Pollock Cohen LLP: Class Action Lawsuits Filed on Behalf of Small Businesses Against Giftly and GiftRocket For Selling Unauthorized “Gift Cards” – GlobeNewswire

NEW YORK and PHILADELPHIA, July 13, 2022 (GLOBE NEWSWIRE) — On July 8, 2022, Pollock Cohen LLP filed two class action lawsuits on behalf of small business owners against online “gift card” sellers, Defendants Giftly Inc. and GiftRocket, Inc. The Plaintiffs in the two cases are a Brooklyn-based bakeshop and a Philadelphia-area café. They seek to represent tens of thousands of other small businesses across the country that are listed on Defendants’ websites without consent. The lawsuits were filed in federal district courts in Philadelphia and Brooklyn.

The class actions allege that Giftly and GiftRocket use the names and goodwill of businesses—without permission—to sell unauthorized “gift cards.” Defendants sell these cards online to consumers in violation of federal and state unfair competition laws. The complaints explain how consumers cannot actually use the gift cards at the business the cards were intended for.

Through aggressive online marketing, the Defendants convince people to buy special “gift cards” to give as gifts. But instead of a receiving gift cards like many legitimate retailers and businesses sell, the recipient gets a greeting card with instructions on how to redeem the gifted funds. This typically involves PayPal, a bank deposit, or a Visa gift card to actually take advantage of the supposed gift.

There is no way for a gift recipient to actually use a Giftly or GiftRocket card at the business the card was intended for. Unlike typical gift cards sold in retail stores or over the internet, the Giftly and GiftRocket cards can’t be used at any business. Instead, the “gift cards” are mere suggestions to use the gift amount at a particular business.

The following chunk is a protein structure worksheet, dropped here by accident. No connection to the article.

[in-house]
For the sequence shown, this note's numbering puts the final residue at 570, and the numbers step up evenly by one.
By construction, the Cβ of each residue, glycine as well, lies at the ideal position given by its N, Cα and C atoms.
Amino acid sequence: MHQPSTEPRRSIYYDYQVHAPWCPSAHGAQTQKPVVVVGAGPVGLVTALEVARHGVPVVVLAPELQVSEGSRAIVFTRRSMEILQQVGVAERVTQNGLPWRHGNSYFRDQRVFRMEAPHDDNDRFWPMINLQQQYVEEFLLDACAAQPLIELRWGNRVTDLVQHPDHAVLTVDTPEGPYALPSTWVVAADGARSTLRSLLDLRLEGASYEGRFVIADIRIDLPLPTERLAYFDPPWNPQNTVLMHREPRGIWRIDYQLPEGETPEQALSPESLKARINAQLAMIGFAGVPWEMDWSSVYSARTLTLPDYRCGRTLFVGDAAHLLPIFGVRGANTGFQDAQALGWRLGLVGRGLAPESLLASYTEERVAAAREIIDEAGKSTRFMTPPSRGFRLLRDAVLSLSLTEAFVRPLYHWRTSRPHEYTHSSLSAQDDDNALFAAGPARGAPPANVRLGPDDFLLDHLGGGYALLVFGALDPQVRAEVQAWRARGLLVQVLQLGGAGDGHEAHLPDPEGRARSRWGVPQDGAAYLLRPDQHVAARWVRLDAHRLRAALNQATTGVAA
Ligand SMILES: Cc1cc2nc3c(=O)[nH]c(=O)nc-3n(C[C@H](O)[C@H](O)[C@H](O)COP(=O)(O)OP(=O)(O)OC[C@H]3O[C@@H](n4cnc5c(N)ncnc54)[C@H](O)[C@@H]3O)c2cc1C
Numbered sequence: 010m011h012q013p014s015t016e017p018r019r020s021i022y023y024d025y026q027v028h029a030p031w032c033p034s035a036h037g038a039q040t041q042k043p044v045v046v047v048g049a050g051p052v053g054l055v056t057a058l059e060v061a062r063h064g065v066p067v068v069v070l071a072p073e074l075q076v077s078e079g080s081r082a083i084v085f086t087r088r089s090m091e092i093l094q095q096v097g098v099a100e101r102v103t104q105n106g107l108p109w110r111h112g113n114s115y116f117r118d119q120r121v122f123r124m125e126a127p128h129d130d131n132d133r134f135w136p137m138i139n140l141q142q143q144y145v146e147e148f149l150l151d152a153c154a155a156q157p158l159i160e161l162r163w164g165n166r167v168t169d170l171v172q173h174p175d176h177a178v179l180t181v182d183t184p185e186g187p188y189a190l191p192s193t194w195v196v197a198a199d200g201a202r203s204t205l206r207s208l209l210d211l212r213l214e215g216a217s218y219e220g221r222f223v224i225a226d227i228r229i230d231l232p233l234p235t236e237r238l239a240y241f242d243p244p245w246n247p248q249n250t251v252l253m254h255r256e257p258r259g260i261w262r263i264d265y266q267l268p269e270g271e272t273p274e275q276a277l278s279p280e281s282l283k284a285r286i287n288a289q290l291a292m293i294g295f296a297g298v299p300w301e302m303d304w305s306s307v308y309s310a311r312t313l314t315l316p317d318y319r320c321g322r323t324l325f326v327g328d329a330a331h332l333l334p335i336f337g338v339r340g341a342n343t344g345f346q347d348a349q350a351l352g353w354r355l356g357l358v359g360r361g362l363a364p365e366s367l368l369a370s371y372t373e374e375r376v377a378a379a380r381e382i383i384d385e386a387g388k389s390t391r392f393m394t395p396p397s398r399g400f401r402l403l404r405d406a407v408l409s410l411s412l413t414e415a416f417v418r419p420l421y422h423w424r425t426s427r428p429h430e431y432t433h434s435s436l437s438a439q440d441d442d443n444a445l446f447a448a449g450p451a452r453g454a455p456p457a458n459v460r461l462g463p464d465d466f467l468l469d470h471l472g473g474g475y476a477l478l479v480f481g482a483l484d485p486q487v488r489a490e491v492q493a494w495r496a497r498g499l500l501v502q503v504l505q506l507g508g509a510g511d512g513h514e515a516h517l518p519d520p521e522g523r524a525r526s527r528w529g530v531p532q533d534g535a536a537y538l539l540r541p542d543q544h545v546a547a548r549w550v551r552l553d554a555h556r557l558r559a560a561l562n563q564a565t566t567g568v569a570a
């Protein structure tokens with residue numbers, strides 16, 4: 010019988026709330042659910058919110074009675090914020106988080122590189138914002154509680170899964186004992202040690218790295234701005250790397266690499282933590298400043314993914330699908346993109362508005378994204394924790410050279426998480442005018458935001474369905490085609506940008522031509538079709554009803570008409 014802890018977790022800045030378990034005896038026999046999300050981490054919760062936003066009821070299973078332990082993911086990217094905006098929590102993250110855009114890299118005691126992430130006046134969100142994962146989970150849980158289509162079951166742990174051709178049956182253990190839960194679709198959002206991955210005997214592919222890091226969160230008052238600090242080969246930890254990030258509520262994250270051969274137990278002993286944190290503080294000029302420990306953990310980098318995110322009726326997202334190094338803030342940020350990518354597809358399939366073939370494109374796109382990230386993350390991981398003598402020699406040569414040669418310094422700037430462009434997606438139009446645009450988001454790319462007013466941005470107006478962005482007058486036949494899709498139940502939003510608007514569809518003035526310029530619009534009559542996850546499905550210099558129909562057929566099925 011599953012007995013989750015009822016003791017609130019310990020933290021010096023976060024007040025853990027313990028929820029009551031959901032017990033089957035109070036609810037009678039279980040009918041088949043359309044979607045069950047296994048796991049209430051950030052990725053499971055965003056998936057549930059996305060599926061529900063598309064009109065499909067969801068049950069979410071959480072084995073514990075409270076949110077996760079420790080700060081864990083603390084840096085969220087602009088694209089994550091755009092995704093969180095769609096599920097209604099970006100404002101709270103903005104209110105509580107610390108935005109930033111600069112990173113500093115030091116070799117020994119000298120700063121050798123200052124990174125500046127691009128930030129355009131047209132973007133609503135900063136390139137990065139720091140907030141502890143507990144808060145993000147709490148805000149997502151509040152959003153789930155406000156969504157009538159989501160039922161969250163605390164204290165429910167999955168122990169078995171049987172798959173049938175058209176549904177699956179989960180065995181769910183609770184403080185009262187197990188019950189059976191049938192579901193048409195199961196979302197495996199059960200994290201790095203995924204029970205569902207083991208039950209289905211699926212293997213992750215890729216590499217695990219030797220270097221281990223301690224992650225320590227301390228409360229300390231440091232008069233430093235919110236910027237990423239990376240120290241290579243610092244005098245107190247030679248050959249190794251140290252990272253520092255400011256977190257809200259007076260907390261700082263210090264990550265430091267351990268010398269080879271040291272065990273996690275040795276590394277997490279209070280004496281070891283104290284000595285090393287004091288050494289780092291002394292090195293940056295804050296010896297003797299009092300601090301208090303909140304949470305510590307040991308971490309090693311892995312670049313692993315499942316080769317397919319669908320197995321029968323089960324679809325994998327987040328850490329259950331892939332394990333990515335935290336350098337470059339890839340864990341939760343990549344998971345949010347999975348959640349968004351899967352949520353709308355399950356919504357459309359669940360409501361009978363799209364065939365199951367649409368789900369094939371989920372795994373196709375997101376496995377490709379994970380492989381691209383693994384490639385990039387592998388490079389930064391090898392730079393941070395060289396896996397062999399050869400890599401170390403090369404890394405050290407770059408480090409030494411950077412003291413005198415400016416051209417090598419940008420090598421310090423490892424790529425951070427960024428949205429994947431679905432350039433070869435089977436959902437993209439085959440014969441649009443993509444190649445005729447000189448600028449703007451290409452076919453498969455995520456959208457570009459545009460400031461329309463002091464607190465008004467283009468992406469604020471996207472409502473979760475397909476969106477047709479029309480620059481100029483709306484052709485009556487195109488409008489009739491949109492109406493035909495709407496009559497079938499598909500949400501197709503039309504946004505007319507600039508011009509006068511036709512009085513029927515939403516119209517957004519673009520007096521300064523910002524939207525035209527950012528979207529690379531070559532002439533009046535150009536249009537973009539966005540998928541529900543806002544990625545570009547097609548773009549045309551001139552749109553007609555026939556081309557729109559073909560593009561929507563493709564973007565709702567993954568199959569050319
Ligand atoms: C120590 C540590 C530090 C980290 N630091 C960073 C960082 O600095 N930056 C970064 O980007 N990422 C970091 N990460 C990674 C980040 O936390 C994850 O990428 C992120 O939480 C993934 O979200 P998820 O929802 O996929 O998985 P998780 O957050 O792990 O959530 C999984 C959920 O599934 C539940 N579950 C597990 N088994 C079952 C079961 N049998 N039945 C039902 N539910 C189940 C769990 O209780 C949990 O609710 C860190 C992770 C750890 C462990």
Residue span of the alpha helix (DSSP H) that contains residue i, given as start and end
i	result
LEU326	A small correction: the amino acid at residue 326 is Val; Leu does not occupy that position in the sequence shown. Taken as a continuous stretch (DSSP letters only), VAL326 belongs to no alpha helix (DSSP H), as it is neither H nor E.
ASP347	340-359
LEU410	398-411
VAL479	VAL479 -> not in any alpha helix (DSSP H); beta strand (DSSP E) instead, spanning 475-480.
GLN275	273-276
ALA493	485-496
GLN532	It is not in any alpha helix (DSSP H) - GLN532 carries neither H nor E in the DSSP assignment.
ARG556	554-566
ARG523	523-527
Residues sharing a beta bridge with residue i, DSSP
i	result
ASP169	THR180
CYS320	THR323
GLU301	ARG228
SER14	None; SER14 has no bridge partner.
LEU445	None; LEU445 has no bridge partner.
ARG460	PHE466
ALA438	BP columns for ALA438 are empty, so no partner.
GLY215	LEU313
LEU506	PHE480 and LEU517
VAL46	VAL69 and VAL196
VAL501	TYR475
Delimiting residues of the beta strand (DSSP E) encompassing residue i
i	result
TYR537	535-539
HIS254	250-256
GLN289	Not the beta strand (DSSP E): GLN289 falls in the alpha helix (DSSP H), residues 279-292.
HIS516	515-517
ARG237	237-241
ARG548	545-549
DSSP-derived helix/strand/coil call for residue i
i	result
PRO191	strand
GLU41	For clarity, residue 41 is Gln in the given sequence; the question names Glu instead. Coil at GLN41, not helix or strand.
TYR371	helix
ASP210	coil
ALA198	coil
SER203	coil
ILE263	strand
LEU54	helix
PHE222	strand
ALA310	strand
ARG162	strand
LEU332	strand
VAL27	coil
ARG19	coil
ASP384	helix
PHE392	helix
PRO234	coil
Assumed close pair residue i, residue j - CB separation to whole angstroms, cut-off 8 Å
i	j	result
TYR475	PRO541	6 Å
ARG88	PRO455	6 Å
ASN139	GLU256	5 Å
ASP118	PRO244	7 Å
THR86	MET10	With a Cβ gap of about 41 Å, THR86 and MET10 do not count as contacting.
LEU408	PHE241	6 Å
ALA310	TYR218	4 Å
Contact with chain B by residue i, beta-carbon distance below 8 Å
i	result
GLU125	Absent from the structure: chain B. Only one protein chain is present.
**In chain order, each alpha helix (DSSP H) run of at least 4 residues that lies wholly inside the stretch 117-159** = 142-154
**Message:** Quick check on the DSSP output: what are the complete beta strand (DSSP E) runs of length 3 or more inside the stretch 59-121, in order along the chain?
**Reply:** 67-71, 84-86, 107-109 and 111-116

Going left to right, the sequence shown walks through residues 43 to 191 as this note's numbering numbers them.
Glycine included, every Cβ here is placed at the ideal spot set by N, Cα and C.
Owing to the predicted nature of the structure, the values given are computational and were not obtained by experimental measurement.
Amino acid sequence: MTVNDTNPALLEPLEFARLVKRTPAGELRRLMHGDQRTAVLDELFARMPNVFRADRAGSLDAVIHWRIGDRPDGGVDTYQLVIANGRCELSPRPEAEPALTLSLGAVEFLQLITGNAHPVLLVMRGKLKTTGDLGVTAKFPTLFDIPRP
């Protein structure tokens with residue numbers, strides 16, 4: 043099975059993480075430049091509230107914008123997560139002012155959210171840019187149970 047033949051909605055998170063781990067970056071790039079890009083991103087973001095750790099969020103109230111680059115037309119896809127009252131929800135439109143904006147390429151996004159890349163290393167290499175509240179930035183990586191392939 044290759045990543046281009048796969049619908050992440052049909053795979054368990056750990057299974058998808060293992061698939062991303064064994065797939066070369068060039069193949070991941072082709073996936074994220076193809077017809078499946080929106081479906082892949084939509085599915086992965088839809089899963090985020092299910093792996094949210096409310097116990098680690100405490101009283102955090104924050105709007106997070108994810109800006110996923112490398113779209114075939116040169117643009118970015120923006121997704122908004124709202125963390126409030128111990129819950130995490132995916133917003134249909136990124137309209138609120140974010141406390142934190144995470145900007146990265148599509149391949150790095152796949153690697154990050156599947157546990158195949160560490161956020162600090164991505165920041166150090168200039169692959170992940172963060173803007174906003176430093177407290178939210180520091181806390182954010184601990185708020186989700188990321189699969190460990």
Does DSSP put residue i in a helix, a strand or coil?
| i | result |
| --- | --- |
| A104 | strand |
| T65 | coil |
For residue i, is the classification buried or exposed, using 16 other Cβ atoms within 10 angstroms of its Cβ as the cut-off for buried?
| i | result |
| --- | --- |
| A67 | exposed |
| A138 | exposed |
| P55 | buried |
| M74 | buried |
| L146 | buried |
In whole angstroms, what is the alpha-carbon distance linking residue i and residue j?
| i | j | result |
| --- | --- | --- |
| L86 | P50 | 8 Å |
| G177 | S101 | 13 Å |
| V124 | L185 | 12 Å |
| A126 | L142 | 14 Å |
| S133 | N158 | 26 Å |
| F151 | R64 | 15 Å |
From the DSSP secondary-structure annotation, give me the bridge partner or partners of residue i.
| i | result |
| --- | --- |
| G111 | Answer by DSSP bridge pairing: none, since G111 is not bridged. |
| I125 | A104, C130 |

So, to actually use the Giftly or GiftRocket “gift”, the recipient must follow instructions to redeem the money by either (a) providing Defendants with personal bank information to have the money transferred to them, or (b) requesting Defendants for an actual gift card, for use at a different business.

In essence, these “gift cards” are just a complicated and costly way to transfer money between two individuals. And Giftly and GiftRocket charge service fees of up to 7% of the entire gift amount, which is far more expensive than free or low-cost money transfer services like PayPal or Venmo,

Giftly and GiftRocket market their cards to consumers and allegedly create the misleading impression the recipient can redeem the card at popular local businesses. In reality, the businesses never agreed to be listed on Giftly or GiftRocket’s websites—they typically don’t even know they have been listed in the first place. And consumers can’t redeem the gift cards when they try to do so at local merchants.

Misled and confused consumers regularly show up at businesses trying to use the gift cards, only to discover that businesses do not accept them for payment. This causes problems for everyone involved, with businesses dealing with upset customers that blame them for not accepting Giftly and GiftRocket cards.

“The law does not allow businesses to profit off of the unauthorized use of thousands of other businesses’ names and goodwill,” said Raphael Janove, the attorney at Manhattan-based Pollock Cohen LLP who is leading the class actions against Giftly and GiftRocket, as well as a similar class action against ClassPass for taking advantage of small businesses. “And it certainly does not allow this to happen when countless consumers are also misled and confused by an unfair business practice,” he continued.

For more information, please visit https://www.pollockcohen.com/giftly.   

The federal class action complaint against Giftly is available here. The one against GiftRocket is available here.

Contact:

Raphael Janove
rjanove@pollockcohen.com
215-667-8607

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